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Contests & Awards

ANNOUNCING THE 8TH ANNUAL SPLIT THIS ROCK POETRY CONTEST

Judged by: Natalie Diaz

 Photo of Tim Seibles, judge of the 2014 poetry contest

$1,000 Total Awarded for Poems of Provocation & Witness

DEADLINE: November 1, 2014

SUBMIT ONLINE

Prizes: First place $500; 2nd and 3rd place, $250 each.

Winning poems will be published on Split This Rock's website.  Winners will receive free 2016 festival registration, and the 1st-place winner will be invited to read the winning poem at Split This Rock Poetry Festival, 2016.

Reading Fee: $20, which supports Split This Rock Poetry Festival 2016.

Details: Submissions should be in the spirit of Split This Rock: socially engaged poems, poems that reach beyond the self to connect with the larger community or world; poems of provocation and witness. This theme can be interpreted broadly and may include but is not limited to work addressing politics, economics, government, war, leadership; issues of identity (gender, sexuality, race, ethnicity, disability, body image, immigration, heritage, etc.); community, civic engagement, education, activism; and poems about history, Americana, cultural icons.

Split This Rock subscribes to the Council of Literary Magazines and Presses Contest Code of Ethics.

Submission guidelines:

All submissions are to be sent via Submittable online at http://splitthisrock.submittable.com/submit.

Submit up to 3 unpublished poems, no more than 6 pages total, in any style, in the spirit of Split This Rock (see above). Please do not put your name or contact information on the poems themselves, only on your cover page.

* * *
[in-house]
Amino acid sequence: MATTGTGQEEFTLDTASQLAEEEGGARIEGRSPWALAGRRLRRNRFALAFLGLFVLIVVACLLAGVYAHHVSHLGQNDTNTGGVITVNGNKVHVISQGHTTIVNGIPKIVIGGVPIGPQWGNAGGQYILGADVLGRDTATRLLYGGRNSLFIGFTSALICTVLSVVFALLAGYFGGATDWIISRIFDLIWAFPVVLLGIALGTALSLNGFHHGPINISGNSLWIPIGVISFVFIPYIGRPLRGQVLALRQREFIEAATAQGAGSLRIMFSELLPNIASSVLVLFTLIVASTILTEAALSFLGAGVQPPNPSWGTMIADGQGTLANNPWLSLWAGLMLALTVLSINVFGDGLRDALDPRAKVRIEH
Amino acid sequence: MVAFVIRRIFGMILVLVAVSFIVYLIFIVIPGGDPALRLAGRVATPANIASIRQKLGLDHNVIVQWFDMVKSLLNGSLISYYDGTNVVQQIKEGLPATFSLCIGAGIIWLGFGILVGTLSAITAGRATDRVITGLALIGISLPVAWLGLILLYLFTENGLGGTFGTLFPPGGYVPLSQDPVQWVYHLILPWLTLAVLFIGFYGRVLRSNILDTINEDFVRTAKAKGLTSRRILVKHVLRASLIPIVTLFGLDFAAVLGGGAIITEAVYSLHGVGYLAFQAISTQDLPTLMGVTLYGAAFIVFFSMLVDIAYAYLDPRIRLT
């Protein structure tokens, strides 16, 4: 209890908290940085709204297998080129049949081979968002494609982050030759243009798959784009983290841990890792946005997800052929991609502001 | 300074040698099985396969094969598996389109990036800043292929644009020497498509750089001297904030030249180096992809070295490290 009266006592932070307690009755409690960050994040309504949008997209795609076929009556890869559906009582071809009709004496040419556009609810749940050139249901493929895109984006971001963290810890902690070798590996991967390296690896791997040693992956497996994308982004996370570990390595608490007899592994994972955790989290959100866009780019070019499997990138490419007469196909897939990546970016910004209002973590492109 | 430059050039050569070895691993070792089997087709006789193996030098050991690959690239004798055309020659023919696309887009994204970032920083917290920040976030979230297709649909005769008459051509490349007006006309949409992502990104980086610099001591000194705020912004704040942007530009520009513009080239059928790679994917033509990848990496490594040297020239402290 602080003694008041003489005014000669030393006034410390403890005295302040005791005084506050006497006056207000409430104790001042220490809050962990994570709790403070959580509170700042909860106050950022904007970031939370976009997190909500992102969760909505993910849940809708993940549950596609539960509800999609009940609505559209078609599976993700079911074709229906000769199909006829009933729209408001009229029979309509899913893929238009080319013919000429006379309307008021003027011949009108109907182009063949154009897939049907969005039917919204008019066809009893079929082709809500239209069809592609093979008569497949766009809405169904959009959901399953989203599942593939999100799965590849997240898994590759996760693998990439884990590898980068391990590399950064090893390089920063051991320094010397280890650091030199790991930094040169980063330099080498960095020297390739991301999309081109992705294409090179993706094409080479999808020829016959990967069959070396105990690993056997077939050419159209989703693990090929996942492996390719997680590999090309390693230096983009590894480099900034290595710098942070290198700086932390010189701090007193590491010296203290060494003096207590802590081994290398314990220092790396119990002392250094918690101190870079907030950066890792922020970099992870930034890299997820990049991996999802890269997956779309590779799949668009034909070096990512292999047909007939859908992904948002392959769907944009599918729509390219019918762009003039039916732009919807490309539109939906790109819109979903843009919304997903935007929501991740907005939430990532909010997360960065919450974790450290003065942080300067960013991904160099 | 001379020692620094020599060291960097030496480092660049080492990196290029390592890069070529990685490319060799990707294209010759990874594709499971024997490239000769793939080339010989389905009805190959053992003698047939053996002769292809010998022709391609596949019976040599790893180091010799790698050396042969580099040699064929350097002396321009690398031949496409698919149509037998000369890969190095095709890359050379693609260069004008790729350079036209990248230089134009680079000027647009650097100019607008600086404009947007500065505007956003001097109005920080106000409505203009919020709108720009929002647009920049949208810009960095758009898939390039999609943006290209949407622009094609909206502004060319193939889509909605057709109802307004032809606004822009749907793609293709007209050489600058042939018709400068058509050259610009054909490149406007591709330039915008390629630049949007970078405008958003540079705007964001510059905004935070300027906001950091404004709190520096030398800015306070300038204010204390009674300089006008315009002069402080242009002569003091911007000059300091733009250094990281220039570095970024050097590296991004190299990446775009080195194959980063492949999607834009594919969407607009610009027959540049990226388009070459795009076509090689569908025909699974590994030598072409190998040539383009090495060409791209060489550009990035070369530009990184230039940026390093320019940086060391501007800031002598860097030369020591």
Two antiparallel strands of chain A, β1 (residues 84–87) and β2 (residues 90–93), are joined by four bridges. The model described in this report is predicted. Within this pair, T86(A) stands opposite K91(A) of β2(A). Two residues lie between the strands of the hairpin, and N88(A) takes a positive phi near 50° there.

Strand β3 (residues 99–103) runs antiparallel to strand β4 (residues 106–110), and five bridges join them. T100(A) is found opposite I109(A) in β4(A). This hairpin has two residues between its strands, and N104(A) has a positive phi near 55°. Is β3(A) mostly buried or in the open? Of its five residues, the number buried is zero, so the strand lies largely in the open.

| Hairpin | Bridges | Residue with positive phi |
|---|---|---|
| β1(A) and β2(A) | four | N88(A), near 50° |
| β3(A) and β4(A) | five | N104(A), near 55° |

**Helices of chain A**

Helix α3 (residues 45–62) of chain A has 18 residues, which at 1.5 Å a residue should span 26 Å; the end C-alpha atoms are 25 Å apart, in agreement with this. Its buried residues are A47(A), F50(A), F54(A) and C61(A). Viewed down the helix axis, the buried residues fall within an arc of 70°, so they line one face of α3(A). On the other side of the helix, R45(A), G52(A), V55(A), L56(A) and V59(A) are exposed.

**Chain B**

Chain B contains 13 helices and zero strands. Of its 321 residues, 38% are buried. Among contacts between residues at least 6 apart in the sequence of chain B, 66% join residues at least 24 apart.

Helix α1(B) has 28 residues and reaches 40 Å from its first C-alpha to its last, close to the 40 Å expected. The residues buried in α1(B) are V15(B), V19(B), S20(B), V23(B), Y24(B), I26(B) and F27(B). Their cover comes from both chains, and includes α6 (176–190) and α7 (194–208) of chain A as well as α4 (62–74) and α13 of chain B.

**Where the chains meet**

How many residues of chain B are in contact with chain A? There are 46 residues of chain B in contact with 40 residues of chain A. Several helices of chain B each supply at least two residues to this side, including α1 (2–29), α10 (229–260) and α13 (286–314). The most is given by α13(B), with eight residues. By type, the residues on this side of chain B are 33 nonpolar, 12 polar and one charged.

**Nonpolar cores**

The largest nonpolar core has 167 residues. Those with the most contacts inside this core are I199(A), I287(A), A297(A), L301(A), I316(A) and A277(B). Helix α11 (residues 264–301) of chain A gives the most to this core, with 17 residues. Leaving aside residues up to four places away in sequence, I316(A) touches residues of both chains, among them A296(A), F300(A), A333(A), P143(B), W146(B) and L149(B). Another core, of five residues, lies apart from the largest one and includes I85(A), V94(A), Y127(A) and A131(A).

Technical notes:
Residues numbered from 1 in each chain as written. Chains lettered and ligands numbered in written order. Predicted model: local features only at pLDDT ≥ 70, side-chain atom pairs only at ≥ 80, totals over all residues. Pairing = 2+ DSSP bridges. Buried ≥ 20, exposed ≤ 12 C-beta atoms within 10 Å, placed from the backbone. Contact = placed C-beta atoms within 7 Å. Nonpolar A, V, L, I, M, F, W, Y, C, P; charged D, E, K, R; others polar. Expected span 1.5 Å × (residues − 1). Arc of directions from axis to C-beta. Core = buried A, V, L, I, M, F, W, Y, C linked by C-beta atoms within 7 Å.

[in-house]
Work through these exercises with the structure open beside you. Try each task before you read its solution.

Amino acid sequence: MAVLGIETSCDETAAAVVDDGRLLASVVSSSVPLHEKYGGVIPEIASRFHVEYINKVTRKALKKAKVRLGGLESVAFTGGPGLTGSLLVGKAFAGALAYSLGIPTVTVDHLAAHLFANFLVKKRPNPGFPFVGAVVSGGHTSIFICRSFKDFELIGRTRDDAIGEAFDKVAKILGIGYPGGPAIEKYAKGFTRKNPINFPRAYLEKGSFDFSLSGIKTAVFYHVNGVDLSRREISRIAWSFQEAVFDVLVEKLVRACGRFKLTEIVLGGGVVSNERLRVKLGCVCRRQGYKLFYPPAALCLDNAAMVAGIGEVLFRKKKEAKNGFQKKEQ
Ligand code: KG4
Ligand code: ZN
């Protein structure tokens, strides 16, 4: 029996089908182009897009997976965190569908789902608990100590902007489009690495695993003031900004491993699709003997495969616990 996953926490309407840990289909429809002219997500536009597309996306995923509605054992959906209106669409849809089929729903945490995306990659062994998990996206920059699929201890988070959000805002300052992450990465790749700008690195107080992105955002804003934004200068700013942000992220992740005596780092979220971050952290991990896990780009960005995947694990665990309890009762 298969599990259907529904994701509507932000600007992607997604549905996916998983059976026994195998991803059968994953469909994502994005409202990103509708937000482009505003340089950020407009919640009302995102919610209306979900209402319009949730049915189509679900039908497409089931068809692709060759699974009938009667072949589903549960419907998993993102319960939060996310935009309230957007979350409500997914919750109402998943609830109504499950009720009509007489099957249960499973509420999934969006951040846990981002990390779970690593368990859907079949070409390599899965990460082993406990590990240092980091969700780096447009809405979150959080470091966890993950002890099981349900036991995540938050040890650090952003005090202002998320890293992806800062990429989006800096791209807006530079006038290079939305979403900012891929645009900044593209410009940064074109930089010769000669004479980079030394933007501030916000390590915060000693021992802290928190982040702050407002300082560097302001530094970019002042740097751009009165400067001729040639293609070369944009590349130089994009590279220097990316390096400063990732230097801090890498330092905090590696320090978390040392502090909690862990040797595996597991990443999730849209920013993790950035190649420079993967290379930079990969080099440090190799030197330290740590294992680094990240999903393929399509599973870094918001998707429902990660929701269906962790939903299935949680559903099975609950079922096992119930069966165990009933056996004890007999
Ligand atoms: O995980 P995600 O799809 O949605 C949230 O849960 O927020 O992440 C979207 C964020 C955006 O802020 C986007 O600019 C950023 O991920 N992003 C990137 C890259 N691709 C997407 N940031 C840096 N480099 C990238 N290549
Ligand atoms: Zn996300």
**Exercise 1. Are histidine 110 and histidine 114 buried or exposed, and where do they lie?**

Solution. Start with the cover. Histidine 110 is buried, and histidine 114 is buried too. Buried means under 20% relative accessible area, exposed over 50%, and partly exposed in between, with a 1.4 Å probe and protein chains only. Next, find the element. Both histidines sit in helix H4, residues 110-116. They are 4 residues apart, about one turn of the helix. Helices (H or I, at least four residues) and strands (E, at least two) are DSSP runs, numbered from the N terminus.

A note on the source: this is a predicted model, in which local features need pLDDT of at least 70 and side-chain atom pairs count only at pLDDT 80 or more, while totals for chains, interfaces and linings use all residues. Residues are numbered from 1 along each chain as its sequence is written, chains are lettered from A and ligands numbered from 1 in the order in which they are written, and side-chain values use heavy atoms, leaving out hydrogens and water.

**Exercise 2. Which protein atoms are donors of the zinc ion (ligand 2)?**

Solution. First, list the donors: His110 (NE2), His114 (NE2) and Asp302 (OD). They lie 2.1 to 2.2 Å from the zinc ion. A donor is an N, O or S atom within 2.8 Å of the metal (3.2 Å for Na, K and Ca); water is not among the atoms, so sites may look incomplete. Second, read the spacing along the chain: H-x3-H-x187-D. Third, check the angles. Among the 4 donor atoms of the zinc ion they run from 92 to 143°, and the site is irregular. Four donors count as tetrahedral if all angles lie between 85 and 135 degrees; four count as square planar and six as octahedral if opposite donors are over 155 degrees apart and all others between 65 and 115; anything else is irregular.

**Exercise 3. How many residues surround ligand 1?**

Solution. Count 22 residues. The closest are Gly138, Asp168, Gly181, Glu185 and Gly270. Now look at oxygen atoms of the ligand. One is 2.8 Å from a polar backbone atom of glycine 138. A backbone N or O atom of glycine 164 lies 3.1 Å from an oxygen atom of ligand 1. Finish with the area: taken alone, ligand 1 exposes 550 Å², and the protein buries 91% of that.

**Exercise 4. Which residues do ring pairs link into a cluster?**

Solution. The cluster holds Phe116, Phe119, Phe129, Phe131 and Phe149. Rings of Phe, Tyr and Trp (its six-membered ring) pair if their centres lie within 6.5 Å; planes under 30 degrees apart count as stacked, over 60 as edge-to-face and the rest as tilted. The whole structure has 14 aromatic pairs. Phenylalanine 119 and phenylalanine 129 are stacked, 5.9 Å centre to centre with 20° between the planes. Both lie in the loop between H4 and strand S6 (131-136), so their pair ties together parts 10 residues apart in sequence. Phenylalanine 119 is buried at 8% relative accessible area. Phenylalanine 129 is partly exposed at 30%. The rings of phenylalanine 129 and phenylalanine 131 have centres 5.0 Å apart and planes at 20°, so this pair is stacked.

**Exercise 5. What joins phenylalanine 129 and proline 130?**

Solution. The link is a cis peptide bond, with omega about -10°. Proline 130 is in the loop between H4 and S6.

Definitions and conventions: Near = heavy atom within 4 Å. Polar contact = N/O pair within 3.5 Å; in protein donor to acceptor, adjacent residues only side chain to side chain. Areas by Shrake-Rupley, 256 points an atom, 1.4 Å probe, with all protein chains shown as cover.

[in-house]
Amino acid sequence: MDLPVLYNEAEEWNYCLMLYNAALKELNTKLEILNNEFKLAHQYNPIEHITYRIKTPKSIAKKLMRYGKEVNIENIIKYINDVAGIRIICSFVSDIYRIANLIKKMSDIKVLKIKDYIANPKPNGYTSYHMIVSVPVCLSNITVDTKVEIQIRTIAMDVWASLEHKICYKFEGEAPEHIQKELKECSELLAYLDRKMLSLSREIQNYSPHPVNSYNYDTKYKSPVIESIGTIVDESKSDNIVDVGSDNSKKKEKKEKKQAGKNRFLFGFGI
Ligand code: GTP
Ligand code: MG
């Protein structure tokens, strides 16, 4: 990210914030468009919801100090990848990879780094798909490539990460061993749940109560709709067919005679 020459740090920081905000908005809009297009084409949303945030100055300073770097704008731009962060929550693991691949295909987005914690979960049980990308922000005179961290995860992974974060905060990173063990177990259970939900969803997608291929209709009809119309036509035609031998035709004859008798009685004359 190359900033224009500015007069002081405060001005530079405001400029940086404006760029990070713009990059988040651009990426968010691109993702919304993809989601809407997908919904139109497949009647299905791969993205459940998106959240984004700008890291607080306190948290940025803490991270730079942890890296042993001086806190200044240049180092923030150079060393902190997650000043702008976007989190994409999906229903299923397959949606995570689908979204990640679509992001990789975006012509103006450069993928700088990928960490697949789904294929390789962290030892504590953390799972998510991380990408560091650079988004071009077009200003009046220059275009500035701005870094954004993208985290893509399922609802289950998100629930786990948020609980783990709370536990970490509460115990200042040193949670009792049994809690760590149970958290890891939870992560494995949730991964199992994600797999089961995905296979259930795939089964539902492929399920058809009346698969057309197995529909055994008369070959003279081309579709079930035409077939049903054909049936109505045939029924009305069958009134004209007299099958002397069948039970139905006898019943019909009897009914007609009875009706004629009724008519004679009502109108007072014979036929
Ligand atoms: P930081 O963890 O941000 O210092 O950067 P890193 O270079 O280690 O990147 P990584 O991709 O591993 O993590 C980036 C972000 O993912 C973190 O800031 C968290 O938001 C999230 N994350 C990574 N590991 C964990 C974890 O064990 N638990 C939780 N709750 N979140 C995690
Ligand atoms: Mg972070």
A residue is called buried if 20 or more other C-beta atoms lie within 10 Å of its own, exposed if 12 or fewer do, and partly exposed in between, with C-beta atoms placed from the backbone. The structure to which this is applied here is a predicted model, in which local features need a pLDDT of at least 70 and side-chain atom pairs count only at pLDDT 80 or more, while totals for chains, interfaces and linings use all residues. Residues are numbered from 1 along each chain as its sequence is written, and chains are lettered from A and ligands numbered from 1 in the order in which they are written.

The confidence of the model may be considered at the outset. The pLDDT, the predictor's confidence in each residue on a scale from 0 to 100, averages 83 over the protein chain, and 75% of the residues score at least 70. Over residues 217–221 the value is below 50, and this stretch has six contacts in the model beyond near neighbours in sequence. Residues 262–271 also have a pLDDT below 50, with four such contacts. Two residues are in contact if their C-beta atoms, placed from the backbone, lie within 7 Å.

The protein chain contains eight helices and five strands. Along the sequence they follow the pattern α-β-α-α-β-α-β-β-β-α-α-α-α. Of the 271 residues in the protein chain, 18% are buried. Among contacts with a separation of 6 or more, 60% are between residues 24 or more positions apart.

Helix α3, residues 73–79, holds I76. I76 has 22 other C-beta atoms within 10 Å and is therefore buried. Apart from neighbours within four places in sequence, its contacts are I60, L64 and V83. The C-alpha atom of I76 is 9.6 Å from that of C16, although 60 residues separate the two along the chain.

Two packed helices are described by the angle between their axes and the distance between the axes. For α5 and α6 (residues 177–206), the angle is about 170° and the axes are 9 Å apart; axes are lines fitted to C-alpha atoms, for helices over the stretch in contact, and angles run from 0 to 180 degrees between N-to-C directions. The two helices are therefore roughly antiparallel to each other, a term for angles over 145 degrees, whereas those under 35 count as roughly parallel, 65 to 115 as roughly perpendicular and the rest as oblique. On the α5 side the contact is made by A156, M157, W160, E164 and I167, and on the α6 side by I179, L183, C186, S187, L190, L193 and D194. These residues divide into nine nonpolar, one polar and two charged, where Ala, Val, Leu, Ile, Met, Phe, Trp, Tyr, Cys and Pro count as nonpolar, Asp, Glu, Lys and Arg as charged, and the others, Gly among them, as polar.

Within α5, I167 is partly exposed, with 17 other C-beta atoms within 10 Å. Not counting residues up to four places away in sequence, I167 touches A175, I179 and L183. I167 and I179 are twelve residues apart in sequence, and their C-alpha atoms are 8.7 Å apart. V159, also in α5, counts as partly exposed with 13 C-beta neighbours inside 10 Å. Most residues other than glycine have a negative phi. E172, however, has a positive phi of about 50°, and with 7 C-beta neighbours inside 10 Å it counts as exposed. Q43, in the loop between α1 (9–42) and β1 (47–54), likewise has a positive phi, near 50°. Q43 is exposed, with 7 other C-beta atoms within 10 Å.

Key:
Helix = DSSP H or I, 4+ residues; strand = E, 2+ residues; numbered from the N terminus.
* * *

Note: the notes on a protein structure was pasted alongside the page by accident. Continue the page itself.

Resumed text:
Simultaneous submissions are OK, but please notify us immediately if the poem is accepted elsewhere.

Questions:  Please contact us directly at 202-787-5210 or info@splitthisrock.org, using "2014 Poetry Contest" as the subject.

 

ABOUT OUR JUDGE

Natalie Diaz grew up in the Fort Mojave Indian Village in Needles, California, on the banks of the Colorado River. She is Mojave and an enrolled member of the Gila River Indian Community. After playing professional basketball in Europe and Asia for several years, she completed her MFA in poetry and fiction at Old Dominion University. She was awarded the Bread Loaf 2012 Louis Untermeyer Scholarship in Poetry, the 2012 Native Arts and Cultures Foundation Literature Fellowship, a 2012 Lannan Residency, as well as being awarded a 2012 Lannan Literary Fellowship. She won a Pushcart Prize in 2013. Her first book, When My Brother Was an Aztec, was published in June 2012, by Copper Canyon Press. She currently lives in Mohave Valley, Arizona, and directs a language revitalization program at Fort Mojave, her home reservation. There she works and teaches with the last Elder speakers of the Mojave language.